- The Washington Times - Thursday, August 2, 2001

The dramatic — and successful — births nearly three weeks ago garnered headlines across the world. But now the parents of the Washington-area septuplets are trying to escape the media limelight as they monitor the slow progress of their seven children.
The Saudi Arabian couple — the Qahtanis — who live in Falls Church, are still regular visitors to the neonatal intensive care unit of Georgetown University Hospital, where five of the children — all boys — had been on ventilators until Tuesday, when one of the boys, Bandar, was taken off. Of the seven children, five are boys and two are girls. The mother, who does not wish to be identified, was released from the hospital last week.
The parents have expressed gratitude for the unsolicited gifts they have received, including seven car seats, but the father, Fahad Qahtani, has declined interviews with the press until the children's planned release from the hospital in mid-to-late September.
"He does not want to be known. He does not want any pictures taken of him, and he does not want to be stopped on the street. He wants to be able to walk in and out of the hospital and in and out of toy stores without being disturbed," said Nail Al-Jubeir, a family spokesman from the Saudi Embassy.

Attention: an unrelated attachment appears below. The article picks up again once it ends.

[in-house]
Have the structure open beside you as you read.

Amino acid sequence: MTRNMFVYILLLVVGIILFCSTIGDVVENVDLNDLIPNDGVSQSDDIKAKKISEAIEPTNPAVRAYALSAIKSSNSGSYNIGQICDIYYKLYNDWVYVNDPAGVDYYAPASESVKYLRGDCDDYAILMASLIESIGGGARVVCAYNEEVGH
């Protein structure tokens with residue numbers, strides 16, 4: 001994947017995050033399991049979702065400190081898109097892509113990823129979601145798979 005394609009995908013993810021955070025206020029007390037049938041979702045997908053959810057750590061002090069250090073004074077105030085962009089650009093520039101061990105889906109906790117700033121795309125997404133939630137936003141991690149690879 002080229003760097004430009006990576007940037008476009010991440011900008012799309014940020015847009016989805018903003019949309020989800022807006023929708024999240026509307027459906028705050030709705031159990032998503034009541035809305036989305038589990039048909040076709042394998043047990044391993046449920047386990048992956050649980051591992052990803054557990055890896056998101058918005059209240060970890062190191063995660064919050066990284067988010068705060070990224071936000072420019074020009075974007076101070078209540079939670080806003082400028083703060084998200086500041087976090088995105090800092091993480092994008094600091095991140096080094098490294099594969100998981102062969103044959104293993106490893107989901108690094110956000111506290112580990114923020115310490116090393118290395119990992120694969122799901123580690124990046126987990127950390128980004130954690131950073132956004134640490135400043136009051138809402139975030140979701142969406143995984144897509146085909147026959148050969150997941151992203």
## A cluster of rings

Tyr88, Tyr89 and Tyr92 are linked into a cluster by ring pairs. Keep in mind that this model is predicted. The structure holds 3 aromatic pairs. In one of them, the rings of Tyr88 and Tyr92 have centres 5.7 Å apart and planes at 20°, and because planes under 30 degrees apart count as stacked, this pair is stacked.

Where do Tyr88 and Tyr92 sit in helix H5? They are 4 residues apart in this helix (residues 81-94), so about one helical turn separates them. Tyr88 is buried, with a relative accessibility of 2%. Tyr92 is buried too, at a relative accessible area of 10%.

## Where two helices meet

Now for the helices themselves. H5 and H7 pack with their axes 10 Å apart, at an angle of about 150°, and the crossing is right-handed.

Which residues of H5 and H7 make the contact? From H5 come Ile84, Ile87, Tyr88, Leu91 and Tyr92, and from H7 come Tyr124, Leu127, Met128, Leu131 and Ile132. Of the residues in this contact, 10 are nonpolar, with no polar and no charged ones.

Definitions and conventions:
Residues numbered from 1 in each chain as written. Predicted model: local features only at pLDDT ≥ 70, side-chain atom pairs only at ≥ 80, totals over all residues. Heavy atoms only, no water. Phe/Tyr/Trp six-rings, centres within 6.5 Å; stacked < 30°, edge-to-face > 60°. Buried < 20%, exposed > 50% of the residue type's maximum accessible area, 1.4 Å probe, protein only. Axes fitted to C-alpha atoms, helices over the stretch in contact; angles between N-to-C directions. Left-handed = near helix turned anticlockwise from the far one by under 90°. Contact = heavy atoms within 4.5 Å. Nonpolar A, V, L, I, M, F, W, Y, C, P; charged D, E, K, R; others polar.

Mr. Jubeir said he has been surprised by the "unbelievable calls" he has received from marketers trying to get the family to sponsor a product, adding that marketing was the "farthest thing from our minds."
The estimated $1 million in family medical bills will be paid by the Saudi government.
"The bills are going to get picked up by the government. [The parents'] biggest concern after [the septuplets] are released from the hospital is how they are going to feed them. Seven is quite a handful," said Mr. Jubeir.
All donations, including cash, that have been sent to the family are being turned over to Georgetown University Hospital at the father's request.
The septuplets, who were born 11 weeks early by Caesarean section on July 12, are still on antibiotics to counter staph infections, which are common in premature babies, and are being fed through tubes.
"It's moment by moment. I would not say they are stable Are they resting continually and all they have to do is just lie there? No. They're still in critical condition," said Marianne Worley, spokeswoman for Georgetown University Hospital.

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